Boarding the plane for a recent trip, my daughter inched patiently behind me counting each row we passed anxiously waiting to get to row 26. As we approached our seats she tapped me on the lower back and said, “Daddy, can I sit next to you? Sister can sit next to mommy.”
“If that’s what you want to do, sure.”
We got to our seats, sat down and began digging around for our seat belts. Settling in, I started to untangle my headphones and quickly download some music before setting my phone to airplane mode. My daughter looked out the window curiously. After a minute or so she said, “Daddy, why are most of the people who work in the airport people of color, like the people who drive the carts and at the restaurants and the people on the plane like the pilot and other…whatever they’re called…people who help?”
“The flight attendants?”
“Ya, them. Why are most of them and the pilots white?”
Every year around the holidays we receive a gift catalog providing us with an opportunity to buy a farm animal for families living in Africa. I have tacitly accepted it as a harmless piece of junk mail. The catalog typically sits in our pile of junk mail. But, after my older daughter commented on it, I was forced to give it some attention.
“Dad, can we buy an animal for a family in Africa. The animals are for families in Africa who don’t have their rights met. They need our help. Come, look,” she said. Continue reading →
Until today, my posts have been about experiences with my older daughter. This is the first post specifically about my younger daughter. For years she has been by our side while I talk with my older daughter, but this is the first time the conversation was just the two of us. It may have helped that her older sister was gone for the morning.
My younger daughter celebrated her fifth birthday last weekend. One of her gifts was a small white plaster fairy. The gift came with paints and a paintbrush with instructions for personalizing the fairy. The illustration on the box was a fairy with fair skin, very similar to her skin tone. After setting up the fairy and paint on top of a paper bag with a cup of water I walked to the sink to wash dishes.
After five minutes I returned to her side to observe the progress of her masterpiece. I immediately noticed that the porcelain white arms of the fairy’s arms, legs and face had been painted black, the dress was blue and the mushrooms surrounding the fairy were a variety of colors with spots. Continue reading →
This morning my daughter asked, seemingly out of nowhere and initially rhetorically, “Why weren’t the Native American people and Europeans friends?”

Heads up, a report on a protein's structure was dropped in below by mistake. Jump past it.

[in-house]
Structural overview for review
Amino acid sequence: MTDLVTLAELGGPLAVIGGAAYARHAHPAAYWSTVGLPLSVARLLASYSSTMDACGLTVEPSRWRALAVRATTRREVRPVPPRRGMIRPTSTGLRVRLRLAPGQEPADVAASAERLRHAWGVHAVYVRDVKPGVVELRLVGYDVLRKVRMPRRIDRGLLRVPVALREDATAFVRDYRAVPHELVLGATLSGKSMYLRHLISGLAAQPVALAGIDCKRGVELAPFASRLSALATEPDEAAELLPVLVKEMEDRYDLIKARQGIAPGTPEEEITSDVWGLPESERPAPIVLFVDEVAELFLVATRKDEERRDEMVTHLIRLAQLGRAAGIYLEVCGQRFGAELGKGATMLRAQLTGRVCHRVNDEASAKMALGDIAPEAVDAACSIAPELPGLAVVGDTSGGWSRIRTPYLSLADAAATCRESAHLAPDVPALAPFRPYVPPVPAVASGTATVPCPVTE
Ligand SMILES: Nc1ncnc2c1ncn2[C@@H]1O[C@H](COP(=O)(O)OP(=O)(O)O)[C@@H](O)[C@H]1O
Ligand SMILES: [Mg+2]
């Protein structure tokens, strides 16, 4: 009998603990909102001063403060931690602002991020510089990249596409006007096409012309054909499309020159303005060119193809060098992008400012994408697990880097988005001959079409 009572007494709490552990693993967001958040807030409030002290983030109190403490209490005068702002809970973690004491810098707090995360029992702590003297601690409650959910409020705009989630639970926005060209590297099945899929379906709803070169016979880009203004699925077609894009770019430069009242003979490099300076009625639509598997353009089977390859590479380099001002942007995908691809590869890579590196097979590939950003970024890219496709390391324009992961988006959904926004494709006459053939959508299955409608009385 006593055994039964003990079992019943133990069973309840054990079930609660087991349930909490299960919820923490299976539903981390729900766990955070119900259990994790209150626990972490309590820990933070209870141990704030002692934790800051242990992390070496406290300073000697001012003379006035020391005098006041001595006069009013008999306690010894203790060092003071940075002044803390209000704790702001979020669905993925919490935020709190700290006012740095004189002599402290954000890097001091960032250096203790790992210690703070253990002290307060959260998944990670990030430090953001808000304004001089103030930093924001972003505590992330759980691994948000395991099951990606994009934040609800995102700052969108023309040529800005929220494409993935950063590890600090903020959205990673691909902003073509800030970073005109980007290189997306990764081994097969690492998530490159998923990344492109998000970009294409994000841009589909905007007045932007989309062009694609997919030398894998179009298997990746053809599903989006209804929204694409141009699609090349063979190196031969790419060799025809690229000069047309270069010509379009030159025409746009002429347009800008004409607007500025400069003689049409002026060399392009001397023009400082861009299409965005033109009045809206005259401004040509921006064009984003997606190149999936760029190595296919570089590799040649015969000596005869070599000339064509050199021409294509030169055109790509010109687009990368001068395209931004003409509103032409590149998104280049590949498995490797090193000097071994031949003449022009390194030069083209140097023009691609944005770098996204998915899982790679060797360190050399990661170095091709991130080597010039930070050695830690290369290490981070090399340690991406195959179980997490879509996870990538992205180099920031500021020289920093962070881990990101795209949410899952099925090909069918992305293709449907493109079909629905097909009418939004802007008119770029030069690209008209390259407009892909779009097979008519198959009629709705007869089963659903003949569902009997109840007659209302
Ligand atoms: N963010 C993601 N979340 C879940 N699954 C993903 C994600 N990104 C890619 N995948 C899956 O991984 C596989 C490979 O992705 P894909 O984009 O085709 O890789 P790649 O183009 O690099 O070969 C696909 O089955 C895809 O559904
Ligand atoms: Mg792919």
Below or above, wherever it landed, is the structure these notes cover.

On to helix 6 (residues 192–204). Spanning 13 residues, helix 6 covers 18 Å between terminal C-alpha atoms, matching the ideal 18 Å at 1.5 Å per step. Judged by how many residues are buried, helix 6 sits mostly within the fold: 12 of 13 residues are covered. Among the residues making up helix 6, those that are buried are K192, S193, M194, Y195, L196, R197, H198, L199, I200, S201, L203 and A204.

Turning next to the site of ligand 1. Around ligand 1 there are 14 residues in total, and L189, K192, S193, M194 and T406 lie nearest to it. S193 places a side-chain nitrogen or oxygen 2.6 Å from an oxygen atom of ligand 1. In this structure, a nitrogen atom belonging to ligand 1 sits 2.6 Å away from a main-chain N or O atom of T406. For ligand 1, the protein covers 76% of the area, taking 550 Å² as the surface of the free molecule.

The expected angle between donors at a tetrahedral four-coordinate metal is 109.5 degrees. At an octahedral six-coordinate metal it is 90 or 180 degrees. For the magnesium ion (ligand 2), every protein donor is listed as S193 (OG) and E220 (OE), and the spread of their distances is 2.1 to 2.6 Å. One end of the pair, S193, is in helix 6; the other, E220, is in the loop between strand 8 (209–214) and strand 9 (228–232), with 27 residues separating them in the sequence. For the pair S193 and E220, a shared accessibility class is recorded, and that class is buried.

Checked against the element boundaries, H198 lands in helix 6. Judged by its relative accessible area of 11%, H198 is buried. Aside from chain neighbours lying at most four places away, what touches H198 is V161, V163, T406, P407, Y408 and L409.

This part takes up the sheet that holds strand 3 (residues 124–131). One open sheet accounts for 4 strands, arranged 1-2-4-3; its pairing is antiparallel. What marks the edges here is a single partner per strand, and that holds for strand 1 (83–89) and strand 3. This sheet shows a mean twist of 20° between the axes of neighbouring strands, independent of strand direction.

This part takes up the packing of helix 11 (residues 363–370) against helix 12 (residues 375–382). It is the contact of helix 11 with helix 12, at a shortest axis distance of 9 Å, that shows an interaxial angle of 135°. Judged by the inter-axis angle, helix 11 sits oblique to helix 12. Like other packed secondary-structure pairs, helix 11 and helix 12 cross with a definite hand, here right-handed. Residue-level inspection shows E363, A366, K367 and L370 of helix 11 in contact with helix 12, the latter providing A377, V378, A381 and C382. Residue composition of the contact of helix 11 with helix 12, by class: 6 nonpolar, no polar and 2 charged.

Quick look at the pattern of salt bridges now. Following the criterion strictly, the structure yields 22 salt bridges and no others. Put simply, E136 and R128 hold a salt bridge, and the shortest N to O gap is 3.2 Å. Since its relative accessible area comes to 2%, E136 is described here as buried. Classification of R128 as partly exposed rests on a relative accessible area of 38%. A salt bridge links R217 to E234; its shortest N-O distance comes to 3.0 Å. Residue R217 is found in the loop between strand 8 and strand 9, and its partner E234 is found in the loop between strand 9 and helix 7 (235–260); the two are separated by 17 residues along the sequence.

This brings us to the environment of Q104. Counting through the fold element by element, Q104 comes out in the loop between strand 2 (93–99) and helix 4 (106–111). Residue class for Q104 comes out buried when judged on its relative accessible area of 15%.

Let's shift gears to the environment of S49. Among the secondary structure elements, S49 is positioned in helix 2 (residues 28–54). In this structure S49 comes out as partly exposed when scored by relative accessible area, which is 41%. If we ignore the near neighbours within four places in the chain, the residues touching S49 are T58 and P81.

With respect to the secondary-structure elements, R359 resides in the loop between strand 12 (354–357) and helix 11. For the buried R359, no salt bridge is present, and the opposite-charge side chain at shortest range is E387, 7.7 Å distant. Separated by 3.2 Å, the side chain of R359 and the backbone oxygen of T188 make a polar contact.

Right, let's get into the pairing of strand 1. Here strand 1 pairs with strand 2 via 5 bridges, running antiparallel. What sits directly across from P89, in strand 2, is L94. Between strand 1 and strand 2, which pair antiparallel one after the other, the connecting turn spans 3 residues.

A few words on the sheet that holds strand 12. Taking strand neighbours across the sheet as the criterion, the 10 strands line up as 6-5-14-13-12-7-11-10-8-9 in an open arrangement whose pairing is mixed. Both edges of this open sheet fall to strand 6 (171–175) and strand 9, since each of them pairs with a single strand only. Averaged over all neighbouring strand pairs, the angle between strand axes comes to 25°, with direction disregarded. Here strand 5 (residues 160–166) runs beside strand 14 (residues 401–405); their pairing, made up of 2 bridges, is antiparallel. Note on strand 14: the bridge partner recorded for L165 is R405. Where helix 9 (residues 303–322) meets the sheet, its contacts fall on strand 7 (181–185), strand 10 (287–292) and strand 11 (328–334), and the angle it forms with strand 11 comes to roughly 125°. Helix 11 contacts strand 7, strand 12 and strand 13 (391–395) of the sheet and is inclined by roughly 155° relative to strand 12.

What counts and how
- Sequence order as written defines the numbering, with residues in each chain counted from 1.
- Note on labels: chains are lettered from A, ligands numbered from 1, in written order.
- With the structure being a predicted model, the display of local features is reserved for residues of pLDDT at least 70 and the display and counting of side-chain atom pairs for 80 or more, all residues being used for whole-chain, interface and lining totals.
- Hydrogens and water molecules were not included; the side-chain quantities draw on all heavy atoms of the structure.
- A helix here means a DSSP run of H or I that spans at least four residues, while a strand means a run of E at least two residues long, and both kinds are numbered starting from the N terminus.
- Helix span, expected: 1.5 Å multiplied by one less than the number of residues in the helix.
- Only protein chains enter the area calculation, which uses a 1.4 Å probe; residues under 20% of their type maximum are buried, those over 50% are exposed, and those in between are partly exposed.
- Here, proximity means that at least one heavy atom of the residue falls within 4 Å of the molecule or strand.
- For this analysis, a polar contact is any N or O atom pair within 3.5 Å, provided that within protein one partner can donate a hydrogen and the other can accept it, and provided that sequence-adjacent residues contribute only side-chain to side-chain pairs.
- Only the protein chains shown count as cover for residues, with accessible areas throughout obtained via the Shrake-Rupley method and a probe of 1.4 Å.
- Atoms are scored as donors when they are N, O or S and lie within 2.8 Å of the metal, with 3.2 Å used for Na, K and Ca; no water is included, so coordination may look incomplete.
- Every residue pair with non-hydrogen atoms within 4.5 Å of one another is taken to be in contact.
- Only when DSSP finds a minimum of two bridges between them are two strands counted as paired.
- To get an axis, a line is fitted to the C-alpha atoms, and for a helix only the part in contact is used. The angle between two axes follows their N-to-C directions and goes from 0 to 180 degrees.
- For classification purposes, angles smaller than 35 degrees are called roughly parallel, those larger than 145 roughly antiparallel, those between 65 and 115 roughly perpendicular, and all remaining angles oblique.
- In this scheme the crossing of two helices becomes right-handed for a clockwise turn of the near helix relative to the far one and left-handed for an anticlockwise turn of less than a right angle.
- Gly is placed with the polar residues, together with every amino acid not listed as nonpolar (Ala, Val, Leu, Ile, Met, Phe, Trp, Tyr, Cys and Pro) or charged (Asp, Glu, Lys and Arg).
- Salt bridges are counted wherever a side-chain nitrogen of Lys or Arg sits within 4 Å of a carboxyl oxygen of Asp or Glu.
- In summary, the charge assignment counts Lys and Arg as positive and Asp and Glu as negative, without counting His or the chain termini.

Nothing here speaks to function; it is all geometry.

“Why do you think they weren’t friends,” I asked.
“Well, I think they were friends, but not all of them.”
I drove in silence, unsure of what to say. I thought about my knowledge of the trail of tears, Indian boarding schools, the Indian Appropriation Act and a few personal stories shared with me when I worked with families living on the Pasqua Yaqui Reservation in Tucson, Arizona. Everything was part of the tragedies and acts of violence inflicted upon indigenous populations by White people on “Turtle Island,” which is what many native people call North America. I was also aware of a few historical accounts of relatively positive relationships between native people and colonialists…however those often relied on native people becoming Christian and “civilized.”
First in a three part blog series on social justice by Dr. Andrew Goff…because #OurKidsAreListening.
Last January, my six-year-old daughter Addi and I were driving home from the grocery store when I encountered a new phase of my life as a father. I was busy thinking about dinner with public radio quietly playing in the background. Suddenly, she asked, “Why would they want to build a wall? Will we still be able to see Vito (great grandfather in Juarez, Mexico)?”
Pause five seconds…boarder? Wait, what?…I didn’t turn off the radio when the news came on!…deep breath in… “That’s a very good question sweetie, let’s talk about that as soon as we get home.”
On our way to school this morning my six-year-old asked me about taking a knee during the national anthem. Like all of our other conversation about SJ and E, it was amazing! This is the first I have chosen to share, because they are always very personal and I do not want anyone to think that I believe I have the right answers. However, this particular conversation was is one I feel people need to think about long and hard. Continue reading →